We think that the graphing, and analysis, that we did, shows its substantially easier to trace these things than we'd have a priori thought possible.
Then you had thought wrong and that is YOUR problem and not the problem of Bitcoin.
What do you mean 'the problem of Bitcoin'?
I mean, the technology itself doesn't care, that's the technology.
But the users may care.
Look what it says on the Wikileaks site:
"Bitcoin is a secure and anonymous digital currency. Bitcoins cannot be easily tracked back to you, and are safer and faster alternative to other donation methods. You can send BTC to the following address:"
Do you think those sentences are true? I think they are quite misleading. But there they are.
I think this is very clear evidence that something is going wrong, with the Bitcoin community's understanding of the limits of anonymity in Bitcoin.
Imagine its 5 years time, and Bitcoin is very widely adopted; and that I live in a really repressive regime, and had made a substantial donation to wikileaks.
The secret police come to my door - I'm confused, because I thought it was anonymous. I donated from an address I'd never previously used. I didn't realise that, a year later, when a piece of change (say) from that donation was also used in my weekly online grocery shop, with some other currency from my public 'donate to my blog' address, then I had inadvertently published, irrevocably, on the open Internet, that I previously made a donation to wikileaks. Now I'm talking to the secret police, I'm wondering what it means for Bitcoin to be 'a secure and anonymous digital currency.' and I'm a little confused, because it actually turned out to be very easy for the Bitcoins to be tracked back to me.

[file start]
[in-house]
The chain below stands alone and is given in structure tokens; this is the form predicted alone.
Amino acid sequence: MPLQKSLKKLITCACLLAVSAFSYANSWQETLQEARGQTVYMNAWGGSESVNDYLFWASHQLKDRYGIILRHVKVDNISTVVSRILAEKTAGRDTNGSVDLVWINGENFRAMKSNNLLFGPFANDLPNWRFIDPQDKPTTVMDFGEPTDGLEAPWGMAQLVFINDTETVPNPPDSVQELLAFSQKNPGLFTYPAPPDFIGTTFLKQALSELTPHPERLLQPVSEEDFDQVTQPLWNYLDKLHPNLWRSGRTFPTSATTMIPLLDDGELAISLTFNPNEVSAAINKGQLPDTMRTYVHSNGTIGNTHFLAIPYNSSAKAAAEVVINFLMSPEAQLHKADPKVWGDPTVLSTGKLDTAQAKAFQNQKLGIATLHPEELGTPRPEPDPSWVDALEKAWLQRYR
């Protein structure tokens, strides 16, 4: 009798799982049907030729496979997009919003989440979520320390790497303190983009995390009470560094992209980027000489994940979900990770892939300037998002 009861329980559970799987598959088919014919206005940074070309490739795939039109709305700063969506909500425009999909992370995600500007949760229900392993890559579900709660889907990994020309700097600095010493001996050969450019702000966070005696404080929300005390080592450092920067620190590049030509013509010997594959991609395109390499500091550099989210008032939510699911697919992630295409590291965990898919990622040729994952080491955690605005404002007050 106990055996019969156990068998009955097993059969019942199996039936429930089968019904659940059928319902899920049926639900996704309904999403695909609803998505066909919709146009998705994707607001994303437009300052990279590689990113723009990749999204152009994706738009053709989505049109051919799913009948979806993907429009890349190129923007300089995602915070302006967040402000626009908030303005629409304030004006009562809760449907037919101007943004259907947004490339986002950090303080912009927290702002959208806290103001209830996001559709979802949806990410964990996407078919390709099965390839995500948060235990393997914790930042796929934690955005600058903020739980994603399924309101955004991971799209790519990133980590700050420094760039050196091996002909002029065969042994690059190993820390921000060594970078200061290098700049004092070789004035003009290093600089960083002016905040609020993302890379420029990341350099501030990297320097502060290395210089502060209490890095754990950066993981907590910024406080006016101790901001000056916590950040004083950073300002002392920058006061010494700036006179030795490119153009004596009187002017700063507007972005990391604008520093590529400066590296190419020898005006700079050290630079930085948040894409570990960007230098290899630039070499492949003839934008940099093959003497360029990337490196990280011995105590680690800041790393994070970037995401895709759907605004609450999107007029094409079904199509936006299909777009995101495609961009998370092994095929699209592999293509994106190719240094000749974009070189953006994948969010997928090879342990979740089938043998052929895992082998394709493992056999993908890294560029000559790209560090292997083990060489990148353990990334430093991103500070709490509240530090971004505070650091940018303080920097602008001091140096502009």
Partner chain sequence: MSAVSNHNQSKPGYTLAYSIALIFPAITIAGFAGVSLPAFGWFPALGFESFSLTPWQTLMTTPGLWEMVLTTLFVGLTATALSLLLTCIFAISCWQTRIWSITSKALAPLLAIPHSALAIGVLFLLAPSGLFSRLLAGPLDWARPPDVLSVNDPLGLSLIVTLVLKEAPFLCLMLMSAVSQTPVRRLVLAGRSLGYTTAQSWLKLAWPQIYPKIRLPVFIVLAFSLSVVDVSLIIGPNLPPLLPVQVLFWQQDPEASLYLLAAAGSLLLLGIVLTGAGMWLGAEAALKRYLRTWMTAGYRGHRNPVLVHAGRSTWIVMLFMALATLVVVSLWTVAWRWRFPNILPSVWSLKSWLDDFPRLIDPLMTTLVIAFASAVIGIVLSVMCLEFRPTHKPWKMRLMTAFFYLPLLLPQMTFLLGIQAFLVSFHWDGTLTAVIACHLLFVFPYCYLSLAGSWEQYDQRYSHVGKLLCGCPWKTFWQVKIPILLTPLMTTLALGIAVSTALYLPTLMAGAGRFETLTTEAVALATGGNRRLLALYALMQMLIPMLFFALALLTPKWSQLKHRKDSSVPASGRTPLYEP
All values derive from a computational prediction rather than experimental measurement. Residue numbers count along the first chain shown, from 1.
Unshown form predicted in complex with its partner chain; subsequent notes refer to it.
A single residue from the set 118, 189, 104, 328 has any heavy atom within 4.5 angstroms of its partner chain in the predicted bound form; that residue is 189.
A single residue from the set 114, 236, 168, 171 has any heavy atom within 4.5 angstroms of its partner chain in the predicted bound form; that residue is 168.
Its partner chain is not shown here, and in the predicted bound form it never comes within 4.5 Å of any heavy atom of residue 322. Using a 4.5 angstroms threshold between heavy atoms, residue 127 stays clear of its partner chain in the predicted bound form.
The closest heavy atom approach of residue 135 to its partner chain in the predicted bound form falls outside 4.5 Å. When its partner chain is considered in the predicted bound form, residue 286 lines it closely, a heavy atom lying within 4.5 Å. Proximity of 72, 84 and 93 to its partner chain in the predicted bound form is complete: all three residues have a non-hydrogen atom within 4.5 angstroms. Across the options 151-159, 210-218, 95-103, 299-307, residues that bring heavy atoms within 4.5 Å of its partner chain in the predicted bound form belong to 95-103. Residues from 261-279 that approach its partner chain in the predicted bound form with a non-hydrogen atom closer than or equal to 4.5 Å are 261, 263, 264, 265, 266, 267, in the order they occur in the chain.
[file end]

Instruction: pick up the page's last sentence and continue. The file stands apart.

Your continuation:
Like, we could say 'its not the problem of bitcoin' - but I think the technology, as its used in the real world, does sort of have a problem, if scenarios like that arise.
Don't get me wrong, Bitcoin is a really cool system.
But it *does* have a real problem, when a substantial subset of its users think its anonymous, but it isn't.
When we looked, we could identify many users, by their user names here, who donated to wikileaks. Maybe they are happy for that to be in the open- but maybe some of them aren't. This could be a very real problem for some of them. Does the Bitcoin community care? I think they should.
There were campaigns on this forum to get various organisations to accept Bitcoin donations.